A study published in the journal ‘Annals of Internal Medicine’ has found behavioral programs may improve outcomes for individuals with type 2 diabetes.
But it also identified that there is a large diversity of behavioral interventions and uncertainty about how to maximise the effectiveness of these programs.
The research was conducted via systematic review and meta-analysis and aimed to identify factors moderating the effectiveness of behavioral programs for adults with type 2 diabetes.
The behavioural programmes were grouped on the basis of program content and delivery methods.
A meta-analysis showed that most lifestyle and diabetes self-management education and support programs (usually offering 11 or more contact hours) led to clinically important improvements in glycemic control, whereas most diabetes self-management education programs without added support – especially those offering 10 or fewer contact hours – provided little benefit.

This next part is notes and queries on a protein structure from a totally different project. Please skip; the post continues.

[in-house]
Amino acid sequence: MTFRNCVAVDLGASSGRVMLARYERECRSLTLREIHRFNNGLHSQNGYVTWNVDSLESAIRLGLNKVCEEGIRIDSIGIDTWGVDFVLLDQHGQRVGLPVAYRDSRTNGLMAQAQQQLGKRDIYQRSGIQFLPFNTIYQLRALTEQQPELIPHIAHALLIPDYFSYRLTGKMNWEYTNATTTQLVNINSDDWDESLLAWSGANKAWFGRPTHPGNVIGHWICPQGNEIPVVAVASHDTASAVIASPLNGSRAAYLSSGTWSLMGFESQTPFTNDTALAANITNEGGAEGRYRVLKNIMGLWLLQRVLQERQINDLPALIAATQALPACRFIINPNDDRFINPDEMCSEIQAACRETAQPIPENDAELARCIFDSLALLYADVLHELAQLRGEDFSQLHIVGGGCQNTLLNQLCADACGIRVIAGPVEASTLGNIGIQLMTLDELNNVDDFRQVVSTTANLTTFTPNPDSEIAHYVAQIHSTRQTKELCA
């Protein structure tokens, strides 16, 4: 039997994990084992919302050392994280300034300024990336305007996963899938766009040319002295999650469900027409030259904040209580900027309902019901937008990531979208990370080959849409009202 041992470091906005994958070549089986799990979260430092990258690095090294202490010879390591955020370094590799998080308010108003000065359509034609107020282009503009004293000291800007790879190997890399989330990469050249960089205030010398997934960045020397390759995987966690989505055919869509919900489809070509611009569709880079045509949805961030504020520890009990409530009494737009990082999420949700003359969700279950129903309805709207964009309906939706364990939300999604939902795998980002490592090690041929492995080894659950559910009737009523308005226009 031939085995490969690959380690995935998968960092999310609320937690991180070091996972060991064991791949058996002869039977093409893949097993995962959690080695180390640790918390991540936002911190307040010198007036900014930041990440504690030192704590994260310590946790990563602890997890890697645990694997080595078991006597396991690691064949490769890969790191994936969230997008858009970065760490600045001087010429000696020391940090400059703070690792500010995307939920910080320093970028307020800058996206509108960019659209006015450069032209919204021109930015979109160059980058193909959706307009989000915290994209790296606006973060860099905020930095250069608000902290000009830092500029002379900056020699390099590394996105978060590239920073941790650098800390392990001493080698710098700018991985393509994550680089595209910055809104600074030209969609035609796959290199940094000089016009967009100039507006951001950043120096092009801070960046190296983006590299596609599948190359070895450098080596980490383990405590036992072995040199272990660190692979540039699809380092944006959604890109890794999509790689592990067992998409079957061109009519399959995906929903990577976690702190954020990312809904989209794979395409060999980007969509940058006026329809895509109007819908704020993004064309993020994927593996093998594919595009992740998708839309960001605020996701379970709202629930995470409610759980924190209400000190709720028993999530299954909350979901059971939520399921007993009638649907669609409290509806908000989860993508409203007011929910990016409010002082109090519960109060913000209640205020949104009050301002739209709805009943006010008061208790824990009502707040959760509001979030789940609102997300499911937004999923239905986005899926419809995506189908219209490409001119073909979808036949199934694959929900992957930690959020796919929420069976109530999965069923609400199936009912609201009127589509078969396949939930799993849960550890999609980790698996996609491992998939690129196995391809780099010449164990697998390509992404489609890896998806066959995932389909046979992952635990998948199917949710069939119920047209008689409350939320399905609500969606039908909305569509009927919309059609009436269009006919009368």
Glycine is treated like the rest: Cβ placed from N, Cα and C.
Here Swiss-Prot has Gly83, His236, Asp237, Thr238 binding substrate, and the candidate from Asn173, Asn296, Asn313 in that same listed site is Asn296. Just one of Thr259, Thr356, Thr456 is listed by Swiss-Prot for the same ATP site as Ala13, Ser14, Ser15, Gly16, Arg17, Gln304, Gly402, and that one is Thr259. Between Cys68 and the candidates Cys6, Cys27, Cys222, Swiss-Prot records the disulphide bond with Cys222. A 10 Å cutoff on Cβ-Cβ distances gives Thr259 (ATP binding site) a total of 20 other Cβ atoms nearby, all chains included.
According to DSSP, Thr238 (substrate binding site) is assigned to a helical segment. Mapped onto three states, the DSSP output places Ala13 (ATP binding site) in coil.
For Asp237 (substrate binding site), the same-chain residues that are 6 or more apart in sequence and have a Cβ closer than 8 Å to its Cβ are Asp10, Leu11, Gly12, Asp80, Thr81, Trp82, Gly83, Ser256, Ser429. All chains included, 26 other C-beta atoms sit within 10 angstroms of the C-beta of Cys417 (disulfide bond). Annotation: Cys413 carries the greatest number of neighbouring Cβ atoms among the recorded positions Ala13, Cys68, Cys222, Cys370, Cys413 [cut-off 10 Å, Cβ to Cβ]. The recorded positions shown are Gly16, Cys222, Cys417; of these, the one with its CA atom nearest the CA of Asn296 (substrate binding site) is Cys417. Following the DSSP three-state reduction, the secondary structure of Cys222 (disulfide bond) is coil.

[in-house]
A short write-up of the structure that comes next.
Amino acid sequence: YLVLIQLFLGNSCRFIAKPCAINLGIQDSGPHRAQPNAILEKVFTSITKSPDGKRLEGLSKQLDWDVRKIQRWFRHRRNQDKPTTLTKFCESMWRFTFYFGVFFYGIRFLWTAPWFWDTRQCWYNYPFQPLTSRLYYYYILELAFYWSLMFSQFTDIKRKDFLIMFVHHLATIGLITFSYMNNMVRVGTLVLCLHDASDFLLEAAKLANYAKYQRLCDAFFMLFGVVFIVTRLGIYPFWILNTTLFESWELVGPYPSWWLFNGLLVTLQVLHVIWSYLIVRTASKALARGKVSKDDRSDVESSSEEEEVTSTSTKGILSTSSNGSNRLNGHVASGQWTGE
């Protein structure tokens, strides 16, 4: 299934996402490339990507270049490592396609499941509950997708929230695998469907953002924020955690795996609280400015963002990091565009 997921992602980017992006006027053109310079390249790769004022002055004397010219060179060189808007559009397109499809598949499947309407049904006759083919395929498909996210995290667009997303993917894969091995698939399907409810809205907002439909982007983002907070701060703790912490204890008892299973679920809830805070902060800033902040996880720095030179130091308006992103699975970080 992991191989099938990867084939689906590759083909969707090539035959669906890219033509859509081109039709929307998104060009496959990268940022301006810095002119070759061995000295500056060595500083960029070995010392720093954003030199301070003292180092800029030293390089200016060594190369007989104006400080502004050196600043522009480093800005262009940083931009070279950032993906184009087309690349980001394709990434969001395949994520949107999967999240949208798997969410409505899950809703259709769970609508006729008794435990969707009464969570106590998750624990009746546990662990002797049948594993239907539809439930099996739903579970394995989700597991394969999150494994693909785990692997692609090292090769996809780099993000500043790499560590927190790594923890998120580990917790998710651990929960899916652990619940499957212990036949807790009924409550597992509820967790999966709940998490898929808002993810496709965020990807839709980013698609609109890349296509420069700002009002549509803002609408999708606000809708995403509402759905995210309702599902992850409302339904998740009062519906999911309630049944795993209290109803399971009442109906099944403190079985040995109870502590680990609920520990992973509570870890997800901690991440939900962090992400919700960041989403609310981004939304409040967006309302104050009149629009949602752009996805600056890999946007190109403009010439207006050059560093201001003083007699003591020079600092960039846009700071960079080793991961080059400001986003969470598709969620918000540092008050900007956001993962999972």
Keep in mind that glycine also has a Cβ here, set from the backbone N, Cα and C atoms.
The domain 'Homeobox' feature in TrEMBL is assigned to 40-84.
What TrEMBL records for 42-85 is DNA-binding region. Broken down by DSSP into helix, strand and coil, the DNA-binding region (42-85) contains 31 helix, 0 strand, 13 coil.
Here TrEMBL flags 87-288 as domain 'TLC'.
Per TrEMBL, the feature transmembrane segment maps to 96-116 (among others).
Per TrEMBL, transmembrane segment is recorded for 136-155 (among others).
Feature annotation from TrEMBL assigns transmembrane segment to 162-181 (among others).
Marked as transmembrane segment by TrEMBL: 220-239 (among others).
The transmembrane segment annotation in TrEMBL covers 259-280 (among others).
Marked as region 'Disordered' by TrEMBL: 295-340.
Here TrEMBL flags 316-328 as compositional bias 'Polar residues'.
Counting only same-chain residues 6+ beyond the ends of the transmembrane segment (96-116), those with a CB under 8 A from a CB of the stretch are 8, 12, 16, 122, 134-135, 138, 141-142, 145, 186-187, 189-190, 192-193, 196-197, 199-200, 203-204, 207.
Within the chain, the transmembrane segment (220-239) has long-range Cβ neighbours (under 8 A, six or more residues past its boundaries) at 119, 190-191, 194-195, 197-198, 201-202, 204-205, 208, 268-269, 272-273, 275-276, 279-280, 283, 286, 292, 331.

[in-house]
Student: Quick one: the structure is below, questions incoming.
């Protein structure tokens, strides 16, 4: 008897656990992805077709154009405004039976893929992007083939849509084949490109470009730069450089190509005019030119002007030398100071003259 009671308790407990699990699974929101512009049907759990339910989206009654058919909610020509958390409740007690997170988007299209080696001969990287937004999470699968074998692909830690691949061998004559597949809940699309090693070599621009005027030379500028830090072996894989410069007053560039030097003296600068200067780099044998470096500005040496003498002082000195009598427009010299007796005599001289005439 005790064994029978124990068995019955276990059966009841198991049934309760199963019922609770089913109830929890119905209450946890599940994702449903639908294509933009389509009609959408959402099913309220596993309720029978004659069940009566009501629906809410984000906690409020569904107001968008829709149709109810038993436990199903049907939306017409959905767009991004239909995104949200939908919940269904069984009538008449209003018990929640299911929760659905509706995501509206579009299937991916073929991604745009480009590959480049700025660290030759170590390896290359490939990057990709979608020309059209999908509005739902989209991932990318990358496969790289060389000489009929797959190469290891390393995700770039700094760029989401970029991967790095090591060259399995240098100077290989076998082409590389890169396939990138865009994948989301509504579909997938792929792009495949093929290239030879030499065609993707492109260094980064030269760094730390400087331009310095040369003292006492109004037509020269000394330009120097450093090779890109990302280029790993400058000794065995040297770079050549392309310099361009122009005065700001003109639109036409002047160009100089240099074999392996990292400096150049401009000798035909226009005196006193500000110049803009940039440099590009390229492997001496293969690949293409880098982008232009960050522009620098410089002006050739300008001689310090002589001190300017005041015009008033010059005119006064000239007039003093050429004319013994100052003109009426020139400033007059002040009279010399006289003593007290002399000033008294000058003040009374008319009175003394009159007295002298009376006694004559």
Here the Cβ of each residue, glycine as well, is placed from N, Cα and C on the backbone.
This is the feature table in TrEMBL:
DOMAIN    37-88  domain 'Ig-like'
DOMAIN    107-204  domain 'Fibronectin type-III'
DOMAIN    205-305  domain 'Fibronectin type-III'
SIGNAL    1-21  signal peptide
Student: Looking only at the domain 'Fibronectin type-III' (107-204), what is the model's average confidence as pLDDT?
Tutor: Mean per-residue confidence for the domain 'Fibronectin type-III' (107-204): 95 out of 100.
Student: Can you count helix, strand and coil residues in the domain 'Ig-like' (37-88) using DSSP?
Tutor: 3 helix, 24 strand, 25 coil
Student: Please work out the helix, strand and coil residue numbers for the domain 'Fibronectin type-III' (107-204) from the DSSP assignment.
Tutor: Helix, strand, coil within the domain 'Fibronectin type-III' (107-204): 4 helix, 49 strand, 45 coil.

Programs with greater impact were more often delivered in person than via technology.
Lifestyle programs led to the greatest reductions in body mass index.
Behavioral programs seem to benefit persons with suboptimal or poor glycemic control more than those with good control.
Programmes with a high proportion of ethnic minority participants (subgroups with ≥75% non-white participants) also performed well. The researchers highlight that many trials with a large proportion of ethnic minorities also adapted programs to make them more culturally and linguistically acceptable – often by including peers in the delivery or implementing social support groups – which may have enhanced their effectiveness.
Greater effect was seen in adults younger than 65 years and the researchers suggest that tailoring of programs to older adults is needed.
You can read the full article here.
Pillay J, Armstrong MJ, Butalia S, Donovan LE, Sigal RJ, Vandermeer B, et al. Behavioral Programs for Type 2 Diabetes Mellitus: A Systematic Review and Network Meta-analysis for Effect Moderation. Ann Intern Med. [Epub ahead of print 29 September 2015] doi:10.7326/M15-1400